An increase in demand of up to 79% for clinical trials in China has prompted Novotech the Asia-Pacific CRO to rapidly expand the China team, appointing expert local clinical executives to their Shanghai and Hong Kong offices. The company is planning to expand their team by 30% over the next quarter.

Novotech China has seen considerable demand recently which is borne out by research from GlobalData:
A global migration of clinical research is occurring from high-income countries to low and middle-income countries with emerging economies. Over the period 2017 to 2018, for example, the number of clinical trial sites opened by biotech companies in Asia-Pacific increased by 35% compared to 8% in the rest of the world, with growth as high as 79% in China.
Novotech CEO Dr John Moller said China offers the largest population in the world, rapid economic growth, and an increasing willingness by government to invest in research and development.
Novotech’s 23 years of experience working in the region means we are the ideal CRO partner for USA biotechs wanting to tap the research expertise and opportunities that China offers.
There are over 22,000 active investigators in Greater China, with about 5,000 investigators with experience on at least 3 studies (source GlobalData).

Servi­er scoots out of an­oth­er col­lab­o­ra­tion with Macro­Gen­ics, writ­ing off their $40M

Servier is walking out on a partnership with MacroGenics $MGNX — for the second time.

After the market closed on Wednesday MacroGenics put out word that Servier is severing a deal — inked close to 7 years ago — to collaborate on the development of flotetuzumab and other Dual-Affinity Re-Targeting (DART) drugs in its pipeline.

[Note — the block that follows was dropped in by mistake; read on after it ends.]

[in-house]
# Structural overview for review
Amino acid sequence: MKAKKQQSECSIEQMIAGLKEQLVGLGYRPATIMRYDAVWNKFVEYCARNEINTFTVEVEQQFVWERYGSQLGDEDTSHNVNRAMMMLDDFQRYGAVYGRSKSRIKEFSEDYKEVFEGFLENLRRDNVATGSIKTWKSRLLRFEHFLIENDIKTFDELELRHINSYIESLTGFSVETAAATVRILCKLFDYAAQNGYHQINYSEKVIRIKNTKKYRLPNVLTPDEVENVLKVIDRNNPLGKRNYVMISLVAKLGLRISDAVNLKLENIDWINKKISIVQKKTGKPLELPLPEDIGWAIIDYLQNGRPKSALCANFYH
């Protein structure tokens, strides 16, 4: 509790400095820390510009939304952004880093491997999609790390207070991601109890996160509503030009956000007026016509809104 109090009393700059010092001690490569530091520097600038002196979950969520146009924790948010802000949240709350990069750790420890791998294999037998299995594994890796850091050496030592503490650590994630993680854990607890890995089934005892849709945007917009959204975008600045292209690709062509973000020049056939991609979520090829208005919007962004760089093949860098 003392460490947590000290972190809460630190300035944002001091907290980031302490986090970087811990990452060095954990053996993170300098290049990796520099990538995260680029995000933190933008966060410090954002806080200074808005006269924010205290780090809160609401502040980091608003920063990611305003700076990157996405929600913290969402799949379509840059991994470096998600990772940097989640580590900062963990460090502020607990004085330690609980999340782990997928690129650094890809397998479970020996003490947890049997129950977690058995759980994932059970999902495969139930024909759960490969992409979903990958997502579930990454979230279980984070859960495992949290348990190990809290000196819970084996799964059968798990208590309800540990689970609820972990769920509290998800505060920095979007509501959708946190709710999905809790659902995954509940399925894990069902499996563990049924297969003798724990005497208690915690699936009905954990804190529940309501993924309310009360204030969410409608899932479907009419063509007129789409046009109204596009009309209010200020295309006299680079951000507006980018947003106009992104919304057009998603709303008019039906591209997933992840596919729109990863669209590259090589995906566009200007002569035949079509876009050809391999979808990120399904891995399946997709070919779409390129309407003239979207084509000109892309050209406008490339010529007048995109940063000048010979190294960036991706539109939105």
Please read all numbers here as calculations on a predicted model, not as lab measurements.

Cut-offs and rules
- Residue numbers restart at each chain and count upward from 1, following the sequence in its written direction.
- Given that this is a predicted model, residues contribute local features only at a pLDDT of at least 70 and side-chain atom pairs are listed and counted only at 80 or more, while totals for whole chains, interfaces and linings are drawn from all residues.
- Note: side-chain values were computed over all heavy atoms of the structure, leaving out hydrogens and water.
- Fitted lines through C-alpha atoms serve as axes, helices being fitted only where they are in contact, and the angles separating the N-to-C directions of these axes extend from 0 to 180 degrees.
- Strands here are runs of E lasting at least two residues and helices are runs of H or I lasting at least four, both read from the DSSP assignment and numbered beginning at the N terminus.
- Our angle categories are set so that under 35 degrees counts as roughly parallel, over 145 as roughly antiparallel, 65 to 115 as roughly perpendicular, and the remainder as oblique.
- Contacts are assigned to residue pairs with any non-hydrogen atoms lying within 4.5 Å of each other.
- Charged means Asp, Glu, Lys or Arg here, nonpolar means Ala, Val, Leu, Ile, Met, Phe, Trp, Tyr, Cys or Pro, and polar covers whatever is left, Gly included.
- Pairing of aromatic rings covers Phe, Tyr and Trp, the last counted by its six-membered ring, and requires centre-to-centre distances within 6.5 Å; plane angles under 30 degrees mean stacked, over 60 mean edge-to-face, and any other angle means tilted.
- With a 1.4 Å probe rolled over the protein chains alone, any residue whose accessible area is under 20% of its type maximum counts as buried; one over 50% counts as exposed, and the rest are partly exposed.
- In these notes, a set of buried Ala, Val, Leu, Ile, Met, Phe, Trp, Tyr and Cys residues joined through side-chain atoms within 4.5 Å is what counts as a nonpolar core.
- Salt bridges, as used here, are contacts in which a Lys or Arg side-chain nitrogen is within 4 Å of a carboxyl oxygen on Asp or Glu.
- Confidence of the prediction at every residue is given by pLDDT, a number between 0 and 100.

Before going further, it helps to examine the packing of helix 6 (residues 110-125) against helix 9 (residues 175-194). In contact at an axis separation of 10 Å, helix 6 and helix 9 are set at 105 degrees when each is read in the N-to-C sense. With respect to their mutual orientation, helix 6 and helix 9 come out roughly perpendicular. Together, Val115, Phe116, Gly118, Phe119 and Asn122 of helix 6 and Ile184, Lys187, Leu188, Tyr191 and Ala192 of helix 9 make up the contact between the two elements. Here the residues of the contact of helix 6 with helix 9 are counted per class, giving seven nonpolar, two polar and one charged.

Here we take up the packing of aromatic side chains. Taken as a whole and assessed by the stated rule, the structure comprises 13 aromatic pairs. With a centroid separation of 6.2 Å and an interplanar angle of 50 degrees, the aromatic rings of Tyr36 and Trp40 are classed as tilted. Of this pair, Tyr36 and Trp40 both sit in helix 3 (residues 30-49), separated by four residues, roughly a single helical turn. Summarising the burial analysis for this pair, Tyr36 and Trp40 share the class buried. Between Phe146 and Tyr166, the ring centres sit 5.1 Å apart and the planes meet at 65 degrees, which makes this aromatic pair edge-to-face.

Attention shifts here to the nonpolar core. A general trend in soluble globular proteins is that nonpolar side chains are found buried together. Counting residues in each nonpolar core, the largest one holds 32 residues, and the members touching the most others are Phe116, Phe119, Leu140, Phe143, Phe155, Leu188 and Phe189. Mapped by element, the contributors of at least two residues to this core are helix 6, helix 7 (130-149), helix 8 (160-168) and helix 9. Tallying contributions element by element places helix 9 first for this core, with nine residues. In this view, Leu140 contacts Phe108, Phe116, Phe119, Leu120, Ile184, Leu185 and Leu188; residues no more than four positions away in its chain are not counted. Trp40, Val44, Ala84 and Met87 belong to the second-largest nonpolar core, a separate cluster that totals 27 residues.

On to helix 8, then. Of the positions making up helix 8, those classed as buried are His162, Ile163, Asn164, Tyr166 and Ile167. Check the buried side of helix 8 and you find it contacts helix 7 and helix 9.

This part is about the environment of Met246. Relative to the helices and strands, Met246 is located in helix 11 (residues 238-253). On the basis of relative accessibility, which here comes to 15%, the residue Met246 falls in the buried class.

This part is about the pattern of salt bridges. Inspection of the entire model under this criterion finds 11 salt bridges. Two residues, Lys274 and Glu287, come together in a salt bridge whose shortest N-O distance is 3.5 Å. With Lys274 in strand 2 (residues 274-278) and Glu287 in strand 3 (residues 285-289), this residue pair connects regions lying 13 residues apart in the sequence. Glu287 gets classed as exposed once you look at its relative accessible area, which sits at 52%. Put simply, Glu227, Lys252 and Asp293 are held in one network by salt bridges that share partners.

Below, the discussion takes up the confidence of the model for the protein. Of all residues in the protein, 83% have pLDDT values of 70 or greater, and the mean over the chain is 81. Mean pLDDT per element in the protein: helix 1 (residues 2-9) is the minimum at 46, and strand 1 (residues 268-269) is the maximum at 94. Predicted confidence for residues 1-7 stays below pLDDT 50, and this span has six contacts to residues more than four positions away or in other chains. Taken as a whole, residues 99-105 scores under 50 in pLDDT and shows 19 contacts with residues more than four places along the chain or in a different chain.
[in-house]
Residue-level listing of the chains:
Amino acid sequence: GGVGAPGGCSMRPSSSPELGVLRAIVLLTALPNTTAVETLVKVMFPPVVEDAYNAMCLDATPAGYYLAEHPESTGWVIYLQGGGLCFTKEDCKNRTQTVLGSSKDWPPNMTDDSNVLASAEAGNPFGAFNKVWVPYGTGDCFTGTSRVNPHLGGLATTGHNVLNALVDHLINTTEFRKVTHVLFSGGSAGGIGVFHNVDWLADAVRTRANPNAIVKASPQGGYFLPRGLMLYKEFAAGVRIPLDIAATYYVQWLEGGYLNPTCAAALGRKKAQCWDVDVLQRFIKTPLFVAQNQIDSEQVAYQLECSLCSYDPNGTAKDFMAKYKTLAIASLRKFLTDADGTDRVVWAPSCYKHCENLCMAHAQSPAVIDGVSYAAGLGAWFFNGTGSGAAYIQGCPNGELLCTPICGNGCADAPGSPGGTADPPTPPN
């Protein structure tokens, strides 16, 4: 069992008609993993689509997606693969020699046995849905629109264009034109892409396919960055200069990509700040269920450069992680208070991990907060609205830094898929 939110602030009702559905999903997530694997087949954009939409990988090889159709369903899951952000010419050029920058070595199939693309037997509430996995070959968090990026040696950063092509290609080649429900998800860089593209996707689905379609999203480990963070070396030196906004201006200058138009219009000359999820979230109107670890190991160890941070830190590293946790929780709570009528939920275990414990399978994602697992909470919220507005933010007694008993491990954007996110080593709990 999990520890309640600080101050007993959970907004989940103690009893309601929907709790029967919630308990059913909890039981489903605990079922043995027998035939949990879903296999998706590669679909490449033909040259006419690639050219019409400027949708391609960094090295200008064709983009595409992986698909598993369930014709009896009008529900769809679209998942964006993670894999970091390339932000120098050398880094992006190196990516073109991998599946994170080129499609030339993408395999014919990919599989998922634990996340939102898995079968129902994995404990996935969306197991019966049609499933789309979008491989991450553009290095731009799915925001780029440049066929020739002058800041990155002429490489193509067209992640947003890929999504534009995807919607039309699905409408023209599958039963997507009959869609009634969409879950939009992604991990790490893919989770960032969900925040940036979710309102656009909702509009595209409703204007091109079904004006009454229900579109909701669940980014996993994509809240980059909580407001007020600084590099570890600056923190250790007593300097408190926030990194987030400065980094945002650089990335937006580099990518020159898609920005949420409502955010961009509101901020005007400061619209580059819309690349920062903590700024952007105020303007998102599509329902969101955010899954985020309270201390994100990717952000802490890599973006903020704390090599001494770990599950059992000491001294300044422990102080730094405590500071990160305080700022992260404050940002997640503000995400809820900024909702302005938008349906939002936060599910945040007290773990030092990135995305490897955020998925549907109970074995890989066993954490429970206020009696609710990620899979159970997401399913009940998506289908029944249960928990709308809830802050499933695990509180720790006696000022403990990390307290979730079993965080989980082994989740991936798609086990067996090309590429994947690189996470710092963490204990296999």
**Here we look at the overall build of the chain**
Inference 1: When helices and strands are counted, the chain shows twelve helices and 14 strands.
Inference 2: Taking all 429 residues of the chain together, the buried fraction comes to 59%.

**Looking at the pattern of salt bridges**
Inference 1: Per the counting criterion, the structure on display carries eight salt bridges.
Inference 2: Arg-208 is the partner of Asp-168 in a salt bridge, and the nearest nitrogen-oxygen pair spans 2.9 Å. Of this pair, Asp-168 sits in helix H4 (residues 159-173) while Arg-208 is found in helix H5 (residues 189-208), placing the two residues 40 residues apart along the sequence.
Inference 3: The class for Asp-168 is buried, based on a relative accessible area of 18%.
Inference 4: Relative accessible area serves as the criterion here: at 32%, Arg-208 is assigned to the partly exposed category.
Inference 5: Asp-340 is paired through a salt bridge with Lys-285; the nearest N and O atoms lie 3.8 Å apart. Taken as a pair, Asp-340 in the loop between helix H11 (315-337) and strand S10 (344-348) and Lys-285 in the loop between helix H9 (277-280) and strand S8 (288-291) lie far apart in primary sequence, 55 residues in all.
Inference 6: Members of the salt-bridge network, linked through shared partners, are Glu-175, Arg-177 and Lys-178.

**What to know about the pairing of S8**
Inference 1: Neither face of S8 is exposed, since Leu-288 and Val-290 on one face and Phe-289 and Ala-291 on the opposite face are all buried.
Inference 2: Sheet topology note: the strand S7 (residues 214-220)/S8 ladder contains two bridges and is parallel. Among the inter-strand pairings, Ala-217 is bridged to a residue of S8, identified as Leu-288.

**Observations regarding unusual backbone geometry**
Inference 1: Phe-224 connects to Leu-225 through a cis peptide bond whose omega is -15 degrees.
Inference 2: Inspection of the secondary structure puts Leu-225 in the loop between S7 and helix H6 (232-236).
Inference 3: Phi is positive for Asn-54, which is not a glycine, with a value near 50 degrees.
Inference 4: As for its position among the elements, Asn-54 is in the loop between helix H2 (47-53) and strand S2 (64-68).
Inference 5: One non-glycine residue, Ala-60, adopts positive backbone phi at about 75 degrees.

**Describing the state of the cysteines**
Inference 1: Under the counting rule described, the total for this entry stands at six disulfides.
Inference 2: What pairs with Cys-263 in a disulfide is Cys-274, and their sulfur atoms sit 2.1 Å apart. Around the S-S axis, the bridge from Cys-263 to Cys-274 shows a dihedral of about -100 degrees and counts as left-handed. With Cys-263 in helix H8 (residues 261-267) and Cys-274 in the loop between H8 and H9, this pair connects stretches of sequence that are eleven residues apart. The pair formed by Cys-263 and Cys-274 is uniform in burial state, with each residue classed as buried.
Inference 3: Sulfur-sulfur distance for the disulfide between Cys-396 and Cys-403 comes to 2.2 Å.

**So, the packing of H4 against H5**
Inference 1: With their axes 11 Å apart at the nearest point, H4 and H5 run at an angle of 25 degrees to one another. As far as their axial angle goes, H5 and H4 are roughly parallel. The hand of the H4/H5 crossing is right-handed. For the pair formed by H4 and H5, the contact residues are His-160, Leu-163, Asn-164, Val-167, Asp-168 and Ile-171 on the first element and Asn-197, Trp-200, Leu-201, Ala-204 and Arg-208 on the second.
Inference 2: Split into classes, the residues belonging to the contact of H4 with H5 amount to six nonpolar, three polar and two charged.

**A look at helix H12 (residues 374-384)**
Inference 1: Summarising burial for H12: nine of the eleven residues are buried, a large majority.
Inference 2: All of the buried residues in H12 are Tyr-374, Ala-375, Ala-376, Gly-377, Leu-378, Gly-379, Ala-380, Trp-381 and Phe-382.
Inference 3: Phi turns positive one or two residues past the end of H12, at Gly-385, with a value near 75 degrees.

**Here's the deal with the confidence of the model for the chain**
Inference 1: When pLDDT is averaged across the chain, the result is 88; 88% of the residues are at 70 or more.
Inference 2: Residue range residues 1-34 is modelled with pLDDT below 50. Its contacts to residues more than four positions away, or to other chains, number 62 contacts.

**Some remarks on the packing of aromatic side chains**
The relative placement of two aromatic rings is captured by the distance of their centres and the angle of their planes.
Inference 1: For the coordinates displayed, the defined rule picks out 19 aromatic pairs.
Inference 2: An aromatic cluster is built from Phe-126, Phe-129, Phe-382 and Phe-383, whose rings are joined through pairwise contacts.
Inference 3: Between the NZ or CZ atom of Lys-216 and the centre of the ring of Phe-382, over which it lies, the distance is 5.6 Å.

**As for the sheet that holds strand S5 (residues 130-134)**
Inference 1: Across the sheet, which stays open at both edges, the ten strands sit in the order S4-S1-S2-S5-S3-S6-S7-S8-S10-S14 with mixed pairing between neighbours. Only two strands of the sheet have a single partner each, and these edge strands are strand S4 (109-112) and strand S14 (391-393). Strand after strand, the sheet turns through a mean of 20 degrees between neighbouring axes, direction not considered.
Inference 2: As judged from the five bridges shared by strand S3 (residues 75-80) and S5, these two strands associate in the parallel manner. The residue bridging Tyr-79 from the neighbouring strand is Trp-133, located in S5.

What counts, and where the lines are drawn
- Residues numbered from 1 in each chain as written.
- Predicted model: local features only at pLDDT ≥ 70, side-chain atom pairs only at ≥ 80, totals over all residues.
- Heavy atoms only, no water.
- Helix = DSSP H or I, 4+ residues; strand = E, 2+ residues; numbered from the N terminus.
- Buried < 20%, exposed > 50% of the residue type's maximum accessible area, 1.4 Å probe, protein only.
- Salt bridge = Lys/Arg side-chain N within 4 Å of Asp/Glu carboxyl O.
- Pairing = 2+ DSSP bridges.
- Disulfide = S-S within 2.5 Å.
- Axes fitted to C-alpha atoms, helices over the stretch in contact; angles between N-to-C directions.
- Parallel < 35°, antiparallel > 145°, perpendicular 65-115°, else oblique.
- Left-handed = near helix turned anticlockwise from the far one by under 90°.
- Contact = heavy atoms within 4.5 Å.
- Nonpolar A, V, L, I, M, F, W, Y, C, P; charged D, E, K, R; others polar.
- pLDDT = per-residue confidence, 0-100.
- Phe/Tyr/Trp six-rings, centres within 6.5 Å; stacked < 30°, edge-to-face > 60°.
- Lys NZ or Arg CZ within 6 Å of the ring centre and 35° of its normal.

MacroGenics CEO Scott Koenig shrugged off the departure of Servier, which paid $20 million to kick off the alliance and $20 million to option flotetuzumab — putting a heavily back-ended $1 billion-plus in additional biobuck money on the table for the anti-CD123/CD3 bispecific and its companion therapies.

Den­mark's Gen­mab hits the jack­pot with $500M+ US IPO as small­er biotechs rake in a com­bined $147M

Danish drugmaker Genmab A/S is off to the races with perhaps one of the biggest biotech public listings in decades, having reaped over $500 million on the Nasdaq, as it positions itself as a bonafide player in antibody-based cancer therapies.

The company, which has long served as J&J’s $JNJ key partner on the blockbuster multiple myeloma therapy Darzalex, has asserted it has been looking to launch its own proprietary product — one it owns at least half of — by 2025.

FDA over­rides ad­comm opin­ions a fifth of the time, study finds — but why?

For drugmakers, FDA advisory panels are often an apprehended barometer of regulators’ final decisions. While the experts’ endorsement or criticism often translate directly to final outcomes, the FDA sometimes stun observers by diverging from recommendations.

A new paper out of Milbank Quarterly put a number on that trend by analyzing 376 voting meetings and subsequent actions from 2008 through 2015, confirming the general impression that regulators tend to agree with the adcomms most of the time — with discordances in only 22% of the cases.

UP­DAT­ED: With loom­ing ‘apoc­a­lypse of drug re­sis­tance,’ Mer­ck’s com­bi­na­tion an­tibi­ot­ic scores FDA ap­proval on two fronts

Merck — one of the last large biopharmaceuticals companies in the beleaguered field of antibiotic drug development — on Wednesday said the FDA had sanctioned the approval of its combination antibacterial for the treatment of complicated urinary tract and intra-abdominal infections.

To curb the rise of drug-resistant bacteria and maintain the efficacy of the therapy, Recarbrio (and other antibacterials) — the drug must be used to treat or prevent infections that are proven or strongly suspected to be caused by susceptible gram-negative bacteria, Merck $MRK said.